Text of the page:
Qualitron 1421 Programmable Scientific
Datasheet legend
Ab/c:
Fractions calculation
AC: Alternating current BaseN: Number base calculations Card: Magnetic card storage Cmem: Continuous memory Cond: Conditional execution Const: Scientific constants Cplx: Complex number arithmetic DC: Direct current Eqlib: Equation library Exp: Exponential/logarithmic functions Fin: Financial functions Grph: Graphing capability Hyp: Hyperbolic functions Ind: Indirect addressing Intg: Numerical integration Jump: Unconditional jump (GOTO) Lbl: Program labels LCD: Liquid Crystal Display LED: Light-Emitting Diode Li-ion: Lithium-ion rechargeable battery Lreg: Linear regression (2-variable statistics) mA: Milliamperes of current Mtrx: Matrix support NiCd: Nickel-Cadmium rechargeable battery NiMH: Nickel-metal-hydrite rechargeable battery Prnt: Printer RTC: Real-time clock Sdev: Standard deviation (1-variable statistics) Solv: Equation solver Subr: Subroutine call capability Symb: Symbolic computing Tape: Magnetic tape storage Trig: Trigonometric functions Units: Unit conversions VAC: Volts AC VDC: Volts DC |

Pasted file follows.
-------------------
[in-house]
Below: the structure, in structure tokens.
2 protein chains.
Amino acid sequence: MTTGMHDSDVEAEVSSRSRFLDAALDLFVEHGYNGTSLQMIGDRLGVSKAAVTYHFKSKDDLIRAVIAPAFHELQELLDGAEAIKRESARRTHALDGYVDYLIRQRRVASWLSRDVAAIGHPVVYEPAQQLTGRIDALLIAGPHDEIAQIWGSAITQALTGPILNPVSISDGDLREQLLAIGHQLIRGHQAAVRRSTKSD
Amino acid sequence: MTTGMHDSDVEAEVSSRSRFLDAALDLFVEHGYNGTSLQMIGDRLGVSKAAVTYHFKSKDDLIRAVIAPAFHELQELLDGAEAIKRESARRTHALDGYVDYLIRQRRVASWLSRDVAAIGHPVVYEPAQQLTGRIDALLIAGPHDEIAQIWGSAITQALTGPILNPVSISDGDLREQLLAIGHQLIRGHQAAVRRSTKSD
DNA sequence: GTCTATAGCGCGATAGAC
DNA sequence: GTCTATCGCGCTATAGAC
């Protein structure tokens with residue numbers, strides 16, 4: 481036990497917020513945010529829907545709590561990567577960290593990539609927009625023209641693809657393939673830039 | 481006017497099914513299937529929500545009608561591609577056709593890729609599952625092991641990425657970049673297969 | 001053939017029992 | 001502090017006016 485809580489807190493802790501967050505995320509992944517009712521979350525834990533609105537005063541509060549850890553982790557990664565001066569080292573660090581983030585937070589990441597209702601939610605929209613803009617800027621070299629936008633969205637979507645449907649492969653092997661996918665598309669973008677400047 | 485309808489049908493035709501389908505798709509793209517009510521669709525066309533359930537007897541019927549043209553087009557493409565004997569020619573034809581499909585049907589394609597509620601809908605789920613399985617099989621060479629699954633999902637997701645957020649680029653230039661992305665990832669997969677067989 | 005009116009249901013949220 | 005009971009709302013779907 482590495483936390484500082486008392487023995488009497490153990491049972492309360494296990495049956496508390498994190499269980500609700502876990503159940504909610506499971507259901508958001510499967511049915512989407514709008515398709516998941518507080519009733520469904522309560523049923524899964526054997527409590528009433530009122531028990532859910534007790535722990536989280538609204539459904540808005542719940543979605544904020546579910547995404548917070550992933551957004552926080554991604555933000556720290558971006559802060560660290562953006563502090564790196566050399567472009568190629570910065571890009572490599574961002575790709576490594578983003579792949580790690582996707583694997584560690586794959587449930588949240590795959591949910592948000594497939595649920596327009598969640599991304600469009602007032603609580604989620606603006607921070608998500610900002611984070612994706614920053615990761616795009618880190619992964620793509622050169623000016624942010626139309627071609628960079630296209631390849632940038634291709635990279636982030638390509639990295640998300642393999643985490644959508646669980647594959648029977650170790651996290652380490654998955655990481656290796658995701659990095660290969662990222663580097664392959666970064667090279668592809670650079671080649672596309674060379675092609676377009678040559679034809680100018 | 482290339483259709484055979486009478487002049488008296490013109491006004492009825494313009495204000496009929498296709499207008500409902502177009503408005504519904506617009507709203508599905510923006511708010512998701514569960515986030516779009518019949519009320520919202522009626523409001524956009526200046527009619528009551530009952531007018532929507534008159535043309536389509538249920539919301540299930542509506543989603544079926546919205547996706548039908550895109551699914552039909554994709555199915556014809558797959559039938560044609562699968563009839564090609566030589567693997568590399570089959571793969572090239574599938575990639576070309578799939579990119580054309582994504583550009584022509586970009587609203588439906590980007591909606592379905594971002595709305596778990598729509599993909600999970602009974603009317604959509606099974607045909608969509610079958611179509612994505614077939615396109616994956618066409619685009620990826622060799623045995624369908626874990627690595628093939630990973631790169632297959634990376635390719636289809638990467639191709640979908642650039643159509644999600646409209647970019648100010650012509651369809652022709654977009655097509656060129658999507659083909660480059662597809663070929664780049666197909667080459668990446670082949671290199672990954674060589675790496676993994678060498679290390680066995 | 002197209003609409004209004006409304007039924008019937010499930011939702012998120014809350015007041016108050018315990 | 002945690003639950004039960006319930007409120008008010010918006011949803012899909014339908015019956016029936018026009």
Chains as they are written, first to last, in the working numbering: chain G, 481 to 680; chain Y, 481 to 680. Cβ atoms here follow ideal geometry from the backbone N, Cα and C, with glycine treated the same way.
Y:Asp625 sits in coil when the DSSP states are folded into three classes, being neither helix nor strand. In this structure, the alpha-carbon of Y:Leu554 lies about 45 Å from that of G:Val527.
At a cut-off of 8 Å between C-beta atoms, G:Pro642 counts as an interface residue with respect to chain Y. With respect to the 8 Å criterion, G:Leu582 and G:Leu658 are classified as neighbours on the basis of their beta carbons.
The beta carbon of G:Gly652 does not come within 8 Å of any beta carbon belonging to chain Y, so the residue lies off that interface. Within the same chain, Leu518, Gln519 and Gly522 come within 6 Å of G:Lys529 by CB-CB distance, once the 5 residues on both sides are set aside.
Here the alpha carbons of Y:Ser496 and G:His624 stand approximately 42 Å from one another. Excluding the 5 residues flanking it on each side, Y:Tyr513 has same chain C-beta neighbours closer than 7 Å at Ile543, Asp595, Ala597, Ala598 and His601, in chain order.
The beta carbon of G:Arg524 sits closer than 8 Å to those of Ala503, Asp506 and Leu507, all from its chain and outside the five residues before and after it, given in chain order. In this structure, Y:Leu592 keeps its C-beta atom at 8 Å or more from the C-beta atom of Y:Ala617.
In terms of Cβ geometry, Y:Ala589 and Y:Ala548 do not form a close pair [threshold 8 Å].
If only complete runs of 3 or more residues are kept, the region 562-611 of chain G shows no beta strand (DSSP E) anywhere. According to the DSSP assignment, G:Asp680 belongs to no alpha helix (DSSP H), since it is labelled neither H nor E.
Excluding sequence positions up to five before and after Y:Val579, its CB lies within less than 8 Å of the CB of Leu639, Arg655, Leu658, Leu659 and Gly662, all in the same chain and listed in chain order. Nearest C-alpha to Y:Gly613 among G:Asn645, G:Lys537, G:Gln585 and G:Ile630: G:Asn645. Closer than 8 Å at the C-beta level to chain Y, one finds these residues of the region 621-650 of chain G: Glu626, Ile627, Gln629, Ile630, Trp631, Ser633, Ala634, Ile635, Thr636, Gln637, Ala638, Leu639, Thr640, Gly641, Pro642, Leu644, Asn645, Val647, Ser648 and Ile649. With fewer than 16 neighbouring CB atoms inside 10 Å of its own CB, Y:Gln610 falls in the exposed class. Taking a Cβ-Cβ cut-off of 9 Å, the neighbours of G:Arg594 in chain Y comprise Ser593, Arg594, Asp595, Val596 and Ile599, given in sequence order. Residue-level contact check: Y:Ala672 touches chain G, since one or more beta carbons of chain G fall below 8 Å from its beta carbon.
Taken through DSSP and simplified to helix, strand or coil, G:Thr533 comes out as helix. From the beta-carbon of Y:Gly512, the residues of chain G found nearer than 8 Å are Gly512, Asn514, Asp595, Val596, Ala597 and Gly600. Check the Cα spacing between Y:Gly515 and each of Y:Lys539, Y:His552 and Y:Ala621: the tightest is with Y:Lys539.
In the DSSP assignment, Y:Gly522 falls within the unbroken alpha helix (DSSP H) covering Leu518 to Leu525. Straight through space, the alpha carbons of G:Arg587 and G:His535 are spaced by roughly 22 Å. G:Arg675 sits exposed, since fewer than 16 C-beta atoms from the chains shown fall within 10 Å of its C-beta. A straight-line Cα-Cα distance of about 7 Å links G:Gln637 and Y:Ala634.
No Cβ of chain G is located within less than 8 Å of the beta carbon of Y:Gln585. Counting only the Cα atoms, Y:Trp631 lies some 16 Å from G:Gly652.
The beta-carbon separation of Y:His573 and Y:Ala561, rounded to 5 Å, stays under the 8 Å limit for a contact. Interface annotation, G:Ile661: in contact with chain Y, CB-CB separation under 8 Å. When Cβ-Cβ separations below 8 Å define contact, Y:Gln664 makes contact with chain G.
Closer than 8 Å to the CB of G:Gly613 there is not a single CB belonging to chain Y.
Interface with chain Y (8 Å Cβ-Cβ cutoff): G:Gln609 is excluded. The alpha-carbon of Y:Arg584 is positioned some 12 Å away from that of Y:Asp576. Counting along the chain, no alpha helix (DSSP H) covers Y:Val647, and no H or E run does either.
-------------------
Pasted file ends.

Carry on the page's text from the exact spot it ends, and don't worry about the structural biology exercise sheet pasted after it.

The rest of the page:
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Qualitron 1421 Programmable Scientific
What an unusual little calculator this is! This calculator has apparently been sitting in its retail box for the last 25 years or so. I never even heard about this model until one day it appeared on eBay. It turns out to be a functional equivalent of the Novus Mathematician PR (4515) with the same features and limitations. It has generous program storage capacity (102 unmerged program steps) but the machine's utility is limited by the fact that it has only 1 memory register, a 3-level stack, no exponential display (!), and no control transfer or conditional execution capability.
Even so, it's a useful machine. It has a very pleasing, large, bright LED display, somewhat unusual for calculators of this era. Overall, the machine gives a pleasing, robust feel and appearance, with a good quality plastic case and snappy keyboard.
Demonstrating the calculator's programming model, the program below is yet another implementation of my favorite programming example, the Gamma function. Using a variant of Stirling's formula, this method yields 7+ digits of precision calculating the natural logarithm of the Gamma function of any positive argument.
ENTER 5 + MS ln MR × MR - π 2 × MR ÷ ln 2 ÷ + 1 2 1/x MR ÷ + 7 2 1/x 5 ÷ MR ÷ MR ÷ MR ÷ - 2 5 2 1/x 5 ÷ MR ÷ MR ÷ MR ÷ MR ÷ MR ÷ + 1 M- C MR 1 M- C MR × 1 M- C MR × 1 M- C MR × 1 M- C MR × ln -